Moved along solely by the cinematography of Italian master Mario Bava, this Gothic horror film is all style and no substance.
A disgraced son returns to reclaim his title and his bride but is found dead and haunts his family. Let’s dig into 1963’s “The Whip and the Body”, directed by Mario Bava!
As I See It
This film is outstandingly boring.
If it weren’t for Bava’s prowess with a camera and lighting, there would be literally nothing to see here. Even so, many of the shots are remarkably dark. Released in the U.S. as What!, ostensibly because they had removed the racy whipping scenes from the film, therefore negating the significance of the title, this Italian casserole of production seemed to lean on formula rather than fabric.
It is a true Gothic tale, but the motivations are presented in such a cursory manner that it all falls terribly flat. The sets are fantastic, in the vein of the legendary Hammer sets, but it’s not enough.
Sir Christopher Lee does deliver a strong performance as a menacing ghost, but without his own voice. There is a distinct and deep reverb to his voice that was absent as soon as his mouth started moving, which led me to investigate a bit and see that he was regretfully dubbed by another actor, having not had enough time to dub himself.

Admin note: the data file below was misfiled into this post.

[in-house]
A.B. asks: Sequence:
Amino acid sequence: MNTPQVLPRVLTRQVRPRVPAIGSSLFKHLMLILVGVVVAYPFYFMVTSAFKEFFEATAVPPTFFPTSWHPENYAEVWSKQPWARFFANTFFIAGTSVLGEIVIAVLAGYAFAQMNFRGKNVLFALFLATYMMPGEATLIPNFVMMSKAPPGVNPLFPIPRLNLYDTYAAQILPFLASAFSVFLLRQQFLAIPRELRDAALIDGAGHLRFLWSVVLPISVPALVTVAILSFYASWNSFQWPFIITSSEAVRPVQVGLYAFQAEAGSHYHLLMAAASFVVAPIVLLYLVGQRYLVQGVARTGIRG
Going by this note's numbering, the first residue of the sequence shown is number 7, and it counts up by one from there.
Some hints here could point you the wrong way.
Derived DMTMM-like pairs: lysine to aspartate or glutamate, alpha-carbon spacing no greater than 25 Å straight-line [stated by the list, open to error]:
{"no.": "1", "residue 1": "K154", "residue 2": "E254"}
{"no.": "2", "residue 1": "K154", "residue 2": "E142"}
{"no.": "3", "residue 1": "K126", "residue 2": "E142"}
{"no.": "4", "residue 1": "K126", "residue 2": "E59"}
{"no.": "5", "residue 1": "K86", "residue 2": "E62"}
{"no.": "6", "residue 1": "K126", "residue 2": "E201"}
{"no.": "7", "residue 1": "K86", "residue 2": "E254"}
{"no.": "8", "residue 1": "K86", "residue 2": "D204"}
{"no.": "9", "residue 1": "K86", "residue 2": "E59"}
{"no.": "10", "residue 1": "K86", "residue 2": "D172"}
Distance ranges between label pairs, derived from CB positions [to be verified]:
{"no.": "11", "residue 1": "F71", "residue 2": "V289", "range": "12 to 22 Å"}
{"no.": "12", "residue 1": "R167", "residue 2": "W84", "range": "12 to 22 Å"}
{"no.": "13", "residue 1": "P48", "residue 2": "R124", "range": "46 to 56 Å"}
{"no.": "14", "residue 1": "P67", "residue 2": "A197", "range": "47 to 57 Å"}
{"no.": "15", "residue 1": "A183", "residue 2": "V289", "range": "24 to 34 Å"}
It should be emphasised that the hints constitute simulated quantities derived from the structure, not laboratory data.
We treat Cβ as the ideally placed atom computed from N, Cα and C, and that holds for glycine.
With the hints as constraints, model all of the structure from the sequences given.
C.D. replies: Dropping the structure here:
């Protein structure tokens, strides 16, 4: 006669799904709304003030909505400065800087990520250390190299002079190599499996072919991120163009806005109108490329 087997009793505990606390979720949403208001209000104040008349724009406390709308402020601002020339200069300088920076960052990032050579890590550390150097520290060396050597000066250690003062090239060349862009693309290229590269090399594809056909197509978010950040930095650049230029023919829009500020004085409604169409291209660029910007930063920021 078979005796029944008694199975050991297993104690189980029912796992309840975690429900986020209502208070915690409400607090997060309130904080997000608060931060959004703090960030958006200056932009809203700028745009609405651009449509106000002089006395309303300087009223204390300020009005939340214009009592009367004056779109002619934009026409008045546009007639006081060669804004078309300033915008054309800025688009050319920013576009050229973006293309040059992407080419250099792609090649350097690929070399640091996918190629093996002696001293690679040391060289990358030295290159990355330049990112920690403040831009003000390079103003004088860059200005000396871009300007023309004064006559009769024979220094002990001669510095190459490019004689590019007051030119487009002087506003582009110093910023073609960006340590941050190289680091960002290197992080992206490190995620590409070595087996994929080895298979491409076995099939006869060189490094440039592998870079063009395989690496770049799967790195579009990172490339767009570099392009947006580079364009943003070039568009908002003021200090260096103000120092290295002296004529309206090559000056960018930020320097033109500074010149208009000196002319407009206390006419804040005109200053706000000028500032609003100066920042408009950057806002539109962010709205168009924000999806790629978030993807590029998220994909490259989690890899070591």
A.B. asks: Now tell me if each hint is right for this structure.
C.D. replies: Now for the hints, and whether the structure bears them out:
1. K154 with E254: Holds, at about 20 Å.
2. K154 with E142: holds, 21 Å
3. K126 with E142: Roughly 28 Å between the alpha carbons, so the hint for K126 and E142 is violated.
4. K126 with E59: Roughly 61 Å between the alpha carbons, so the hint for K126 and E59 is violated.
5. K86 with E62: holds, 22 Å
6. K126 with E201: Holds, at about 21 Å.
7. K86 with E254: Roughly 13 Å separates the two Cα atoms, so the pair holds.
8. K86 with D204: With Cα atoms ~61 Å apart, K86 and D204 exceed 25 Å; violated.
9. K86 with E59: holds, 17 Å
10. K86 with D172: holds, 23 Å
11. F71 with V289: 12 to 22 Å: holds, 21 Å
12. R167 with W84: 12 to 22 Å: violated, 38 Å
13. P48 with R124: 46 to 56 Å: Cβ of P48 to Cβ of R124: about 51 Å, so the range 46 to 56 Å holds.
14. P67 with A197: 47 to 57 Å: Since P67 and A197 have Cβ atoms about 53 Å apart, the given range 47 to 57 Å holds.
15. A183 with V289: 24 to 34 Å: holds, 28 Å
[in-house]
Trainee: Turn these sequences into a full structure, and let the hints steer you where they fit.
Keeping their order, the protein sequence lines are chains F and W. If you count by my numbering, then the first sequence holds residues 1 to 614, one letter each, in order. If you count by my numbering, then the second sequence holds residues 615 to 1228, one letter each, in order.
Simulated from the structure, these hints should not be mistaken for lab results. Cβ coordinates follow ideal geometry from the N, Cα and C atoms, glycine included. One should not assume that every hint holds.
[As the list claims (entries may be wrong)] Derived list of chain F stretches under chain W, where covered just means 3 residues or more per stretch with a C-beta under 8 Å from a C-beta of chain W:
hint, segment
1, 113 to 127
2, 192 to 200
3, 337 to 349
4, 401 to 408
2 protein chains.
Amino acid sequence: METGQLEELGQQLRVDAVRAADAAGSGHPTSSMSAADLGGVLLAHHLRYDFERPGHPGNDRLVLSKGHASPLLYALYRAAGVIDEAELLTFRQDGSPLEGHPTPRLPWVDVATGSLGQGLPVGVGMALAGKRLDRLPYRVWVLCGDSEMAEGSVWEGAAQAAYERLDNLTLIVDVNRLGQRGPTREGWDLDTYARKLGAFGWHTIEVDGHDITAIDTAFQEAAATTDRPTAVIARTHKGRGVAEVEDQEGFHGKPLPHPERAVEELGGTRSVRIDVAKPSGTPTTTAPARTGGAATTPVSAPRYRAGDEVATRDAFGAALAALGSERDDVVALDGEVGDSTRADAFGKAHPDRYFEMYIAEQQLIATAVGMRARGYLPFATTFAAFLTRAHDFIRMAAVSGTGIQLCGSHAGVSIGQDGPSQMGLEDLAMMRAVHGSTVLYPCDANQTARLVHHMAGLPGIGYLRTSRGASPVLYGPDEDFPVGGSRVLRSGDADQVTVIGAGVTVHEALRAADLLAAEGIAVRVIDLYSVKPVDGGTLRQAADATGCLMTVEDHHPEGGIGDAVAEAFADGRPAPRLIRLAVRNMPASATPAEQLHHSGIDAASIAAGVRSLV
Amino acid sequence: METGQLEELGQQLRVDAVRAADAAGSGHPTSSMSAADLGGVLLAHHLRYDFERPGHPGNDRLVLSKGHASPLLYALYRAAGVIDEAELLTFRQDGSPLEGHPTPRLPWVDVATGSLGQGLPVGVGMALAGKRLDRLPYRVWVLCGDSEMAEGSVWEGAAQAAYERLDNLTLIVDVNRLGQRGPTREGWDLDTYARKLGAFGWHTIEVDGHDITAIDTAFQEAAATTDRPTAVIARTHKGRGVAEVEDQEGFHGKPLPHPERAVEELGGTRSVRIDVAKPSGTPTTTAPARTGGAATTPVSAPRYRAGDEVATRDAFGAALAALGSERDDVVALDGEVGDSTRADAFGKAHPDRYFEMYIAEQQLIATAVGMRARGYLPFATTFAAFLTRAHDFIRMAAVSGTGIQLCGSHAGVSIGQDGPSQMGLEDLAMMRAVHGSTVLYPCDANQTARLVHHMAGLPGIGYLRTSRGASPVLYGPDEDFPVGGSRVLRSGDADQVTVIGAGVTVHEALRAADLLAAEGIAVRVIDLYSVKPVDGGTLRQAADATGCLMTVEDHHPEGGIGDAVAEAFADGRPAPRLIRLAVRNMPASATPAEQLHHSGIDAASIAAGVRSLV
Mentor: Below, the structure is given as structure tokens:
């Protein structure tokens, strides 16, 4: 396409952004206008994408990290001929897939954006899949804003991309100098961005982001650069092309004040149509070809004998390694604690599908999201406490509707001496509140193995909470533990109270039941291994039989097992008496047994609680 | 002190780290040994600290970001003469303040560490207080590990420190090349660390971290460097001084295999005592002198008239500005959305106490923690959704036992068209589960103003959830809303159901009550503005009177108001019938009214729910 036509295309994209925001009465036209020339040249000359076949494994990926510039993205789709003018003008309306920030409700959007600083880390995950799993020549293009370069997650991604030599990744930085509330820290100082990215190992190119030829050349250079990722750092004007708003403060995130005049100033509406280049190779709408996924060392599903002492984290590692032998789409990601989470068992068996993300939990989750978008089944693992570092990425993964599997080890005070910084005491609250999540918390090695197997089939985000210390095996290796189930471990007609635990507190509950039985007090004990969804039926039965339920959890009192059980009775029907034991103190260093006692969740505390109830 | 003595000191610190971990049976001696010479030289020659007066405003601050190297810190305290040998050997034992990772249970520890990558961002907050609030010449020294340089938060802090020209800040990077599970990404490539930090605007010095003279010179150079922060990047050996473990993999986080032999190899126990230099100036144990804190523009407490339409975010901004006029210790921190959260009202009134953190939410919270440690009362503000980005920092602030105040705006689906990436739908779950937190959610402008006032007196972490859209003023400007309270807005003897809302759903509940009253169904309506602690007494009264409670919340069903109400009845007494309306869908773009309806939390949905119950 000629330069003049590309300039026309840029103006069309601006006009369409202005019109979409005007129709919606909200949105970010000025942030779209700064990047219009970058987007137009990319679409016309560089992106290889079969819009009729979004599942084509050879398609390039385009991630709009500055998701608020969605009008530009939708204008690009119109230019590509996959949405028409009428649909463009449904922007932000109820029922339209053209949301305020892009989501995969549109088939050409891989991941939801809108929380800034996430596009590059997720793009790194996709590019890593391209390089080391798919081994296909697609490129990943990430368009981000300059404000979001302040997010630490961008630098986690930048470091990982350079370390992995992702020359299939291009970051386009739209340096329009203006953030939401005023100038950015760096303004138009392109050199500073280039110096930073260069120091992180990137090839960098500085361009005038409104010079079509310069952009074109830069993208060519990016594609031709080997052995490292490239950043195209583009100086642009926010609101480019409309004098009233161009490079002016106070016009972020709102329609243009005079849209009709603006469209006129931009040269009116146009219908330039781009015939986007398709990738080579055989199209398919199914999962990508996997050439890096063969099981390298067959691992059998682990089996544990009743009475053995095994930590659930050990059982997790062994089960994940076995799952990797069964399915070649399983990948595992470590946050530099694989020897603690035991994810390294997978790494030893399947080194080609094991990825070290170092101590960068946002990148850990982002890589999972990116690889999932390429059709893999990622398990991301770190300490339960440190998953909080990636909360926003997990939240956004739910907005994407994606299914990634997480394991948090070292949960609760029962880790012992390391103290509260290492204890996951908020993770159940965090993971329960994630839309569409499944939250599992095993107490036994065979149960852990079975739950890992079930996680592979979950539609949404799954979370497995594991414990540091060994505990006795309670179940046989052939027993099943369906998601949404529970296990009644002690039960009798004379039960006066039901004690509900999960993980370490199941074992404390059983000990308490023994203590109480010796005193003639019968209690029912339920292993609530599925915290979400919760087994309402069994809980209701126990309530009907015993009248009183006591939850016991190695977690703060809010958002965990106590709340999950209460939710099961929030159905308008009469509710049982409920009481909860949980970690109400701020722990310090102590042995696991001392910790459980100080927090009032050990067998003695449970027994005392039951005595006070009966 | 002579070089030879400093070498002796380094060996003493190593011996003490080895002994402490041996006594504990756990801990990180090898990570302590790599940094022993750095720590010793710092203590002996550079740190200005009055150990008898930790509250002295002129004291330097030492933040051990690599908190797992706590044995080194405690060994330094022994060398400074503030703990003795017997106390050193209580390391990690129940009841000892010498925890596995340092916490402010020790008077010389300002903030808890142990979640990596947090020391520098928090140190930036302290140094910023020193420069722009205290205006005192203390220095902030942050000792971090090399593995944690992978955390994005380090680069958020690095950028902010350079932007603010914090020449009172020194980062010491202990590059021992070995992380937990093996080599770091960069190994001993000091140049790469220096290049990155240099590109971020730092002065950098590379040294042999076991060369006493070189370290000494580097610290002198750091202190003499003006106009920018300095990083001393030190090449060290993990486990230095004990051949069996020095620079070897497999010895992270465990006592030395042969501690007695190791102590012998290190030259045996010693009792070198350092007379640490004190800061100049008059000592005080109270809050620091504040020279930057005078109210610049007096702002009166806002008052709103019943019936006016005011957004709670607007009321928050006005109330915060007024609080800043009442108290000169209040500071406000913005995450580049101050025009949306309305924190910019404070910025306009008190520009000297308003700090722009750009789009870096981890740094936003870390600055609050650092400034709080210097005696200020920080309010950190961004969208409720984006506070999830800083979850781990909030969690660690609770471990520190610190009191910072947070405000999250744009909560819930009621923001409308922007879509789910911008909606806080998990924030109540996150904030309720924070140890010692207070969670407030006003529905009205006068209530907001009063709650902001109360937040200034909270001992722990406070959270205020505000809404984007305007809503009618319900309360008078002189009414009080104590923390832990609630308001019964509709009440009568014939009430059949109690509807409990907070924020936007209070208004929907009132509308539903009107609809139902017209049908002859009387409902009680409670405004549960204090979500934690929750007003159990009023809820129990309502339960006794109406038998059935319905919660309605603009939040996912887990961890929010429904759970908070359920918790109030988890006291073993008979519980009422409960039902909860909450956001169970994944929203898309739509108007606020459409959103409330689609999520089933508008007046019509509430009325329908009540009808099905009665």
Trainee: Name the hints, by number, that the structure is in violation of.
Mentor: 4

I thought this would be a frustrating element to a film that was already working from a deficit, but the voice actor Dan Sturkle delivers a quality performance with cadence and emotion that matches the screen.
This film was released in the middle of a classic run by Bava (pre-Slasher days of A Bay of Blood), but I don’t see it fitting in his fabled career other than an accomplishment of cinematography.
Sir Christopher Lee has entered our Dig on numerous occasions and has lent his talents to blockbusters like Lord of the Rings and schlock like The Howling II.
Of Gratuitous Nature
You could call the whipping scenes gratuitous but the title alone justifies their inclusion in the film and therefore gets a pass.
Israeli actress Daliah Lavi is absolutely stunning in Victorian garb and stands out even with a script that does not lend much identifying definition to its female characters.
Ripe for a Remake
Nope, I’m good.
No progeny to report.
Where to Watch
Kino Lorber chose to release a Blu-ray version of the film, or you can stream it on Shudder.